For a bacon lover:
- Bacon of the month club (yes, this exists!).

For board game lovers:
- A board game that I knew they did not have and would enjoy. We've gotten to play it many times since.

I have also done gift cards for certain places when this would be very appreciated (i.e. people who are moving cross country after the wedding), or donations to charity for people who care about charity. I'll oftentimes combine gifts if I'm not certain it'll be something they'll love, like for a couple who shared my love of a certain comedian, I got them a DVD of one of his specials that I knew they hadn't seen, but also a gift card. Or I got one couple some local artwork depicting a place that they had spent a lot of time in/enjoyed, and also gave a generous donation in the bride's name to a charity that she volunteers for and is passionate about.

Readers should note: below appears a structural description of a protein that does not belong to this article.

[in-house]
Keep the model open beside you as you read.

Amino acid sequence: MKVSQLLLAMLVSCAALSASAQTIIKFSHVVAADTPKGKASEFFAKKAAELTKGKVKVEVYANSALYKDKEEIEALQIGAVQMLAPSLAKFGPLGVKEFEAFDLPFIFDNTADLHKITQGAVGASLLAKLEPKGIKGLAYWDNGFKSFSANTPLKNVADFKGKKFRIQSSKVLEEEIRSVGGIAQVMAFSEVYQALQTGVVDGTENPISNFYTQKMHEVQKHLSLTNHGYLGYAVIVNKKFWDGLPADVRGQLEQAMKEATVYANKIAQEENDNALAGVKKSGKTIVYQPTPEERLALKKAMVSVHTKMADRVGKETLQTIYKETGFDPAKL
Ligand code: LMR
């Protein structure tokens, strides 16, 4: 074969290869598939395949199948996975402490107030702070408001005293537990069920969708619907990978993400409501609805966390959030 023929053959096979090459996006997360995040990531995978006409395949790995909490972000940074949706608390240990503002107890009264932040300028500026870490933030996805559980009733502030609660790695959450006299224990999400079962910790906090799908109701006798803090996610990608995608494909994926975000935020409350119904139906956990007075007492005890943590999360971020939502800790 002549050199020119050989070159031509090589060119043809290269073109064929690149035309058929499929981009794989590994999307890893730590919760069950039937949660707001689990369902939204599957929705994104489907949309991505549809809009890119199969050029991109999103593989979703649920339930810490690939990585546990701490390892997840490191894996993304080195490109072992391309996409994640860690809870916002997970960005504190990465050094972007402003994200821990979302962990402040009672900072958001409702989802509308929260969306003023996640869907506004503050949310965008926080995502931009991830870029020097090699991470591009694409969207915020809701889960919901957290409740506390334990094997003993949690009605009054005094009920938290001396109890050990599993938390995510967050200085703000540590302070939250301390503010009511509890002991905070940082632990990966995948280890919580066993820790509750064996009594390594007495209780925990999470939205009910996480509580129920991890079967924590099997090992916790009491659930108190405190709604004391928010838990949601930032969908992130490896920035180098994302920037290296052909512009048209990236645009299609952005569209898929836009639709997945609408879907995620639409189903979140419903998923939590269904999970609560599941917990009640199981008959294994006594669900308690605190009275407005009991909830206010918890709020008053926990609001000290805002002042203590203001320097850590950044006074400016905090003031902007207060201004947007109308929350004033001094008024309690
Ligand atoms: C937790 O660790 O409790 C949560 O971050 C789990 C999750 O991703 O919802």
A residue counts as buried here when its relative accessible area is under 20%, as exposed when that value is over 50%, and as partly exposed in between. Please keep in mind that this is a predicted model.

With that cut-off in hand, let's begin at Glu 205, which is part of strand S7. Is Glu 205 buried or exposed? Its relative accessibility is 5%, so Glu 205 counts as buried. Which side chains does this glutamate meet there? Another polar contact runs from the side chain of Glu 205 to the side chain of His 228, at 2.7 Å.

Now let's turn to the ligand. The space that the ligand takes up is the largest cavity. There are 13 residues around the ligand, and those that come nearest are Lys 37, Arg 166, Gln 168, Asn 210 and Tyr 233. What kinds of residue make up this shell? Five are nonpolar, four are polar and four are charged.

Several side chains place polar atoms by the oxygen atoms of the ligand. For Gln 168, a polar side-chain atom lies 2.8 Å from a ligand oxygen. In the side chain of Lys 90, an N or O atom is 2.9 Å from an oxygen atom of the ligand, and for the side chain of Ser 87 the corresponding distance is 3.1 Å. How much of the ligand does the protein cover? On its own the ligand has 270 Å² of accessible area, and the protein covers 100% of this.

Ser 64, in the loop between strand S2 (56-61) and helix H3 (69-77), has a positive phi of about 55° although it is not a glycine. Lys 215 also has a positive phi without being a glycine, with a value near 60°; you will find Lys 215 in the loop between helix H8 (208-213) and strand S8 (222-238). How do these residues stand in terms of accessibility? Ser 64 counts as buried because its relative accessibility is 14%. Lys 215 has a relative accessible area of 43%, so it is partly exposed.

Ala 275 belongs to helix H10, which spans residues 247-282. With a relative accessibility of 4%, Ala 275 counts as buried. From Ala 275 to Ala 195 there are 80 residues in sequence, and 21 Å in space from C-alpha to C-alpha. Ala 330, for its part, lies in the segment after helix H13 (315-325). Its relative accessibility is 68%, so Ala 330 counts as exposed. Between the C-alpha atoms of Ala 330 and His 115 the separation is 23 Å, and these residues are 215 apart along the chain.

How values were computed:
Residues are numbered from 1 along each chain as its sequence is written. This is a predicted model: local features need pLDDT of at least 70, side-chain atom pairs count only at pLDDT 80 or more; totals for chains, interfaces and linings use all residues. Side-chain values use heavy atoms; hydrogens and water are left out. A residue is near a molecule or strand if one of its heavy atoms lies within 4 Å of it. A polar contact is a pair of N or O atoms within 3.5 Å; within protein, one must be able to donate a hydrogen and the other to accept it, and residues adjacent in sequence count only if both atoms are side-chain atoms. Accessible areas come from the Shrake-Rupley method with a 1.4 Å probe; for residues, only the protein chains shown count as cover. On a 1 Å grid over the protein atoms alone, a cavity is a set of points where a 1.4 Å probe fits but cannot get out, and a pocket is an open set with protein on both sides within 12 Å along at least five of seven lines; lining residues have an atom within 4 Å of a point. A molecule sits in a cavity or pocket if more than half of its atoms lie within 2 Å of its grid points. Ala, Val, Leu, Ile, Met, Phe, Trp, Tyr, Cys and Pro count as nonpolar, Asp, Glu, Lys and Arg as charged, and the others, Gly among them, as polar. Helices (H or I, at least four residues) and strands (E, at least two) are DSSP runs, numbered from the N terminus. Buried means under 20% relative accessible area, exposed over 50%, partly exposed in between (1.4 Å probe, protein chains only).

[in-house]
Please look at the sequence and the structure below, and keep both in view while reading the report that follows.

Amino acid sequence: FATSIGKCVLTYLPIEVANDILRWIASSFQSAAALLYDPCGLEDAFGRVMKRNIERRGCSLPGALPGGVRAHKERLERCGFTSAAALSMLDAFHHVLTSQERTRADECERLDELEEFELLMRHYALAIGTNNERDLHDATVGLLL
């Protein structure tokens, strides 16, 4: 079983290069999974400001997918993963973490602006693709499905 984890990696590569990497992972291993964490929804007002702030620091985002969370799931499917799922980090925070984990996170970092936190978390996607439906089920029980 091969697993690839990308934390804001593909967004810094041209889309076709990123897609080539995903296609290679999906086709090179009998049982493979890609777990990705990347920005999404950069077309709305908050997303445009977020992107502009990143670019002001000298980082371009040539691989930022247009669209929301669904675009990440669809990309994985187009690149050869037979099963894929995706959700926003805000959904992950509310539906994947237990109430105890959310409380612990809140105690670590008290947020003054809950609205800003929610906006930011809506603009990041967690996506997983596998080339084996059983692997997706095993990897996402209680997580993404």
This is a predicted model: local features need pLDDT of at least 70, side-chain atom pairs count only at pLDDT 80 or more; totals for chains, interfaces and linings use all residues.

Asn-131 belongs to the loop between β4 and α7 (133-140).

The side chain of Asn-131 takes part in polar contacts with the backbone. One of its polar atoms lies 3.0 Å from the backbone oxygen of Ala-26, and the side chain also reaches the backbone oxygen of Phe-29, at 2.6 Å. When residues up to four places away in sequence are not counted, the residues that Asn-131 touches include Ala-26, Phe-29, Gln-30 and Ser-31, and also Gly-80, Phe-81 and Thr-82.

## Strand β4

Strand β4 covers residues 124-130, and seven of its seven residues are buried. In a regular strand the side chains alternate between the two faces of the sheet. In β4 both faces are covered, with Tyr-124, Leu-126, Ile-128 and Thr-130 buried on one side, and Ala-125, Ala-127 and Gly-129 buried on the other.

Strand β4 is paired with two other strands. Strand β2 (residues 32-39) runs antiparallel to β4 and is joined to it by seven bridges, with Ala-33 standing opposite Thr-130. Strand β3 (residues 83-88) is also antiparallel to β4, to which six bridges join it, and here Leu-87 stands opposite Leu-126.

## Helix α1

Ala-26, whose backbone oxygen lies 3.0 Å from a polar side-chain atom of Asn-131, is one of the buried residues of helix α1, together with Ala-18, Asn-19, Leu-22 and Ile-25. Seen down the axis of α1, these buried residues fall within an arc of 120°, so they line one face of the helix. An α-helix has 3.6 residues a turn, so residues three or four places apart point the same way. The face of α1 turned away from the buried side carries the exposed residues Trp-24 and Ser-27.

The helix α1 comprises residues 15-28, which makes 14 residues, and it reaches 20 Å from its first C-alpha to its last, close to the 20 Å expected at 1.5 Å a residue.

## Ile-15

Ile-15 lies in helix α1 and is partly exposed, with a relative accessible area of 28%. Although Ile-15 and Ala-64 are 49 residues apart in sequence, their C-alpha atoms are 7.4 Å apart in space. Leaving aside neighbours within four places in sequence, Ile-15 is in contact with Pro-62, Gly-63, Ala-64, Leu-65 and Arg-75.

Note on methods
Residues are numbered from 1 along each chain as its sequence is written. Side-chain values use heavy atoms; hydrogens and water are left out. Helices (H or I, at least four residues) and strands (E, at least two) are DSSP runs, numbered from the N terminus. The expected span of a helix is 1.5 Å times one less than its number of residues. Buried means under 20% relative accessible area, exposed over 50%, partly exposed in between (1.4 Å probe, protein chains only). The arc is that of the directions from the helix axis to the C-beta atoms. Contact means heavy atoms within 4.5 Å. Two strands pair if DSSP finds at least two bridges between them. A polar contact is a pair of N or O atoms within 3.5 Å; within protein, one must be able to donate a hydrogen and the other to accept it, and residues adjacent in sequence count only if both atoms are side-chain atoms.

posted by treehorn+bunny at 8:22 AM on November 3, 2012 [2 favorites]

I just realized I had sort of ignored the price/need for multiple element of the question. Definitely if you're short on cash, instead of an X of the month club, you could just give them one good bottle of wine or one special gourmet bacon. If they're nearby, you could also do your own X of the month club, like if you're good at making pies, you spend one afternoon a month for the next 3 months making a pie for them.
posted by treehorn+bunny at 8:26 AM on November 3, 2012 [2 favorites]

Maybe picking from the registry is 'boring', but to be honest, buying multiple somethings you then slightly personalize is also boring --- in the end, you get all of these many wedding couples almost the exact. same. thing. I fail to see how that's an improvement.